Ewha’s Web site ranked first place along with the University of Ulsan and Kyonggi University in a survey conducted by Sookmyung Women’s University. The survey evaluated 195 Korean college Web sites using Sookmyung’s newly invented “SME.WAU 2.1,” a program uniquely designed for assessing Web site accessibility and usability. The program awards a total of 100 points; 40 points allotted for Web accessibility and 60 points for usability. Ewha scored a total of 92 points.
The research team “U-Gov/U-Biz,” led by Professor Moon Hyung-nam (Sookmyung Women’s University) was first established in 2003 as a professional Web site evaluation institution. The team has been conducting several research projects that evaluate administrative and governmental websites.
“Web sites that primarily served to provide information have transformed themselves into a two-way communication channel,” said Moon. “I decided to conduct this research in order to assess how efficiently colleges have been using this communication tool. The results showed us that colleges need serious improvements in many areas, especially in Web accessibility.”
Web accessibility refers to the practice of making Web sites usable by people of all abilities and disabilities. For example, allowing blind users to have equal access to information and functions by using text-to-speech software. In this category, Sungkyunkwan University and two other schools ranked first place with 38 points whereas Ewha scored 32 points.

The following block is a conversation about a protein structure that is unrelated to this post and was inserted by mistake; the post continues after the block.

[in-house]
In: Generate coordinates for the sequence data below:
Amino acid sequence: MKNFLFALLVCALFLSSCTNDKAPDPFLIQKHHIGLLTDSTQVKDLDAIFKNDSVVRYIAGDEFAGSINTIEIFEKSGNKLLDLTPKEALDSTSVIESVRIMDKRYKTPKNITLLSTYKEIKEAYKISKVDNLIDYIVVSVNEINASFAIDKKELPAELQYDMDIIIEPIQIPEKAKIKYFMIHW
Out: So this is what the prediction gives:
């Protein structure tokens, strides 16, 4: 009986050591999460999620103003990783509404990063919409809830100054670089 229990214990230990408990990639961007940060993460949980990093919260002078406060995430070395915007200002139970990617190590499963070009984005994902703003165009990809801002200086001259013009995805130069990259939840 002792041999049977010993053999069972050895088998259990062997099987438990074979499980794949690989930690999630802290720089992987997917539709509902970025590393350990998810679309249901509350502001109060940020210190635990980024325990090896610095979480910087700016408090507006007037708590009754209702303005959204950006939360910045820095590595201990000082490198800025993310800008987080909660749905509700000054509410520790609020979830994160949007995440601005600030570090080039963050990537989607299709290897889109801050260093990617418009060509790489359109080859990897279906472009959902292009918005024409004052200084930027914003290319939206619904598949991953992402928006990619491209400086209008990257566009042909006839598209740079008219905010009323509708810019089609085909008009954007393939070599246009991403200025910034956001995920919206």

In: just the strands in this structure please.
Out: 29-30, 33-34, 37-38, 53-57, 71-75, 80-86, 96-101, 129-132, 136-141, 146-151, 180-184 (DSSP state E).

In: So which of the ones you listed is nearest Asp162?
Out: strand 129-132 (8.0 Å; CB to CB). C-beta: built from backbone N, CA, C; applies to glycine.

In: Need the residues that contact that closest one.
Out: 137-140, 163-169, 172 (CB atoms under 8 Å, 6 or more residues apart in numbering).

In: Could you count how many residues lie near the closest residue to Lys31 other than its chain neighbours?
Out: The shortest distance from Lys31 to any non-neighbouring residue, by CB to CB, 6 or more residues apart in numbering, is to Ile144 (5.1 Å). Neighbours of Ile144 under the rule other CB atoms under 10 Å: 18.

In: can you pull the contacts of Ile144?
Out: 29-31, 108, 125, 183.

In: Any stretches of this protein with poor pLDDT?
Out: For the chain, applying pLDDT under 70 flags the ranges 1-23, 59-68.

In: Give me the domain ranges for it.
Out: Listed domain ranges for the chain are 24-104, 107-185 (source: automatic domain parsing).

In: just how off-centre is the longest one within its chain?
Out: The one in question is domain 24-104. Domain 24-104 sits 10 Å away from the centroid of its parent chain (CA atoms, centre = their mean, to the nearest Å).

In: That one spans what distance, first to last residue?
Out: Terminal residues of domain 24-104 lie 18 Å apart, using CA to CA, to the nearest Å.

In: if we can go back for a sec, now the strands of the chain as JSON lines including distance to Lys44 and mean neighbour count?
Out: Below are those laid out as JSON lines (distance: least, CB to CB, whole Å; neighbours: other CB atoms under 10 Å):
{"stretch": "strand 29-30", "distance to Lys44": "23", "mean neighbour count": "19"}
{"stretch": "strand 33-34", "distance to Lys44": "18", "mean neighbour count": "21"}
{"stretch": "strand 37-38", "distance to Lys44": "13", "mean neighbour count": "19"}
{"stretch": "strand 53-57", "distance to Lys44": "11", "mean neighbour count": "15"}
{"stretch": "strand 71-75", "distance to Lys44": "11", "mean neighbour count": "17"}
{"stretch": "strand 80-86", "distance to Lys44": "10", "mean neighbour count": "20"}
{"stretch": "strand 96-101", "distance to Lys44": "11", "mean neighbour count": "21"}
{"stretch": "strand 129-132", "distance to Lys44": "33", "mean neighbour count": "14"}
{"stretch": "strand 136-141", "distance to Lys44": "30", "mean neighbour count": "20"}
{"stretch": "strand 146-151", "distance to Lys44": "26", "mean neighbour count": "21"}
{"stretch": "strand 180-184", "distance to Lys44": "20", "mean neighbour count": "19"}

“In case of Sungkyunkwan University, it had a well structured Web site for disabled students. For instance, the size and the color of the text could be changed, making it easy for users with poor sight or color blindness to read and understand the content. Moreover, clickable links and areas were large helping users who could not control a mouse with precision. Compared to Sungkyunkwan University, Ewha, which lacked most of the aspects mentioned above, was less handicap-friendly,” said Moon. “If Ewha puts more effort in making the Web site more user friendly for handicapped students, Ewha will be able to enhance their Web accessibility.”
Ewha’s official Web site (www.ewha.ac.kr), which was first established in 2004, has been “fairly well maintained until now.” Yet, there is still room for improvement, which are said to be currently taking place.
“We feel unfortunate that we received a relatively low score on Web accessibility. We are planning on renovating the current Web site by creating a separate page for blind students, which will be accessible starting this fall semester,” said a representative from the Office of Public Relations (OPR) who is in charge of managing the current Web site.
Unlike Web accessibility, Web usability refers to the structure of the Web site that is made for the users to find information quickly and efficiently. Ewha and five other schools received a perfect mark of 60 points in this category.
“In terms of Web usability, we normally assess the navigation, download speed, information retrieval and user control,” said Moon. “Ewha's layout was easy for the users to navigate the Web page, download quickly and retrieve information easily. Because of these aspects, Ewha was able to receive a full mark in Web usability.”
Ewha’s OPR has been working on several projects to further improve the current Web site, including the above mentioned site for blind students, Web pages in Japanese and Chinese, a slight change in the overall design, an enhancement of the content and an update of the English Web page.
By Hong Jee-won